Counties can’t toss ballots based on signature discrepancies, Pa. Supreme Court rules
Pennsylvania Supreme Court chambers (Capital-Star photo by Stephen Caruso)
(*This story was updated on 10/23/20 with a statement from Senate Majority Leader Jake Corman, R-Centre.)
The Pennsylvania Supreme Court ruled Friday that counties can’t toss out mail-in ballots based on perceived discrepancies in voter signatures, settling a key voting question just 11 days before the Nov. 3 general election.
The seven court justices were unanimous in their support for the petition brought by Secretary of State Kathy Boockvar, who told the court in October that voters could be disenfranchised if counties relied on signature analysis methods to judge the authenticity of their ballots.
Pennsylvanians who cast ballots by mail are required to sign a voter’s declaration on the outside of their ballot envelope. County election officials have compared those signatures to ones on record in voting files, sometimes tossing ballots where they identified a mismatch.
Voting rights groups that have challenged the practice say that county officials aren’t trained in signature verification, and that their inconsistent methods for analyzing penmanship could lead them to wrongly set aside ballots.
In the majority opinion written by Justice Debra Todd, the court concludes that state law “does not impose a duty on county boards to compare signatures” on ballots to those in voter files.
They also argued that doing so would conflict with the legislature’s actions last year to expand access to mail-in voting statewide.
The justices ruled over the objections of Republican leaders from the state House and Senate, who argued that it’s up to the legislature, and not the courts, to set Pennsylvania’s election laws.
Senate majority leader Jake Corman, R-Centre, denounced the ruling on Friday afternoon, saying in a prepared statement that “people voting in person are now being held to a higher [security] standard than those who mail in their ballots.”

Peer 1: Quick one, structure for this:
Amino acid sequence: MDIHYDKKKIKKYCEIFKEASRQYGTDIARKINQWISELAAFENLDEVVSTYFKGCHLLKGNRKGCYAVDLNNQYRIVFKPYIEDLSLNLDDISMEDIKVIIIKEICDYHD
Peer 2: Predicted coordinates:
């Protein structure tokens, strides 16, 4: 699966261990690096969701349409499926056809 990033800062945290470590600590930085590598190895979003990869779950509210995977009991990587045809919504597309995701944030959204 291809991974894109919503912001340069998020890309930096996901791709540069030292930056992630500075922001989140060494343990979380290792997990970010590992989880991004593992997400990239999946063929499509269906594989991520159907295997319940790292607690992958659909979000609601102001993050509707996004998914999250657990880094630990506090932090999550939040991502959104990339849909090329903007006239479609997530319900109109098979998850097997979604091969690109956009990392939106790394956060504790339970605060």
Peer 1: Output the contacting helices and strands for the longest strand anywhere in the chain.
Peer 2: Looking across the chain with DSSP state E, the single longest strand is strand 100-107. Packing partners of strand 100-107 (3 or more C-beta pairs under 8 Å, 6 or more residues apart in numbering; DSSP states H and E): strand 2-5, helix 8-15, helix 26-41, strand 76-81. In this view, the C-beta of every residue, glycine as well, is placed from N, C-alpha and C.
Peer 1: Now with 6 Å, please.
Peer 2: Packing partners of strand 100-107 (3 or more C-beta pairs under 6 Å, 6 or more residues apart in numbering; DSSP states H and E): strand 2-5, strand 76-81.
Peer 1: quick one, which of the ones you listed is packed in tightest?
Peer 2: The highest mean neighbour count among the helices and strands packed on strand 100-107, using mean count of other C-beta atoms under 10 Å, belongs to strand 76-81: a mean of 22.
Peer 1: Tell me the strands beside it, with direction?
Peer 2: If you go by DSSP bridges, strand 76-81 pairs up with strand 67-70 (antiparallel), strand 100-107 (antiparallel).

All but one justice joined Todd’s opinion. Justice Sallie Updyke Mundy concurred with the ruling, meaning she supported Todd’s finding but did not sign on to her argument.
Boockvar asked the court in October to exercise its Kings Bench authority to determine whether counties could toss ballots based on signature analysis.
She brought the case to the court after a voting rights group sued her office this summer, arguing that shoddy signature verification methods disenfranchised voters in the June 2 primary election.
Counties across the state tossed a combined 26,000 ballots in that election for reasons including penmanship errors, that lawsuit alleged.
The Department of State has already instructed counties not to conduct its own signature analysis to toss mail-in ballots.
But Boockvar argued in her Supreme Court petition that some counties might disregard her agency’s guidelines, and asked for a firmer interpretation of the state election code.
The conflict over signature verification methods is just one of several critical election-related disputes that has been resolved in Pennsylvania’s high court this year.
The court ordered counties in September to count ballots they receive up until Nov. 6, as long as they are postmarked by Election Day. That ruling also cleared the way for counties to use secure ballot drop boxes and satellite voting sites to collect mail-in ballots.
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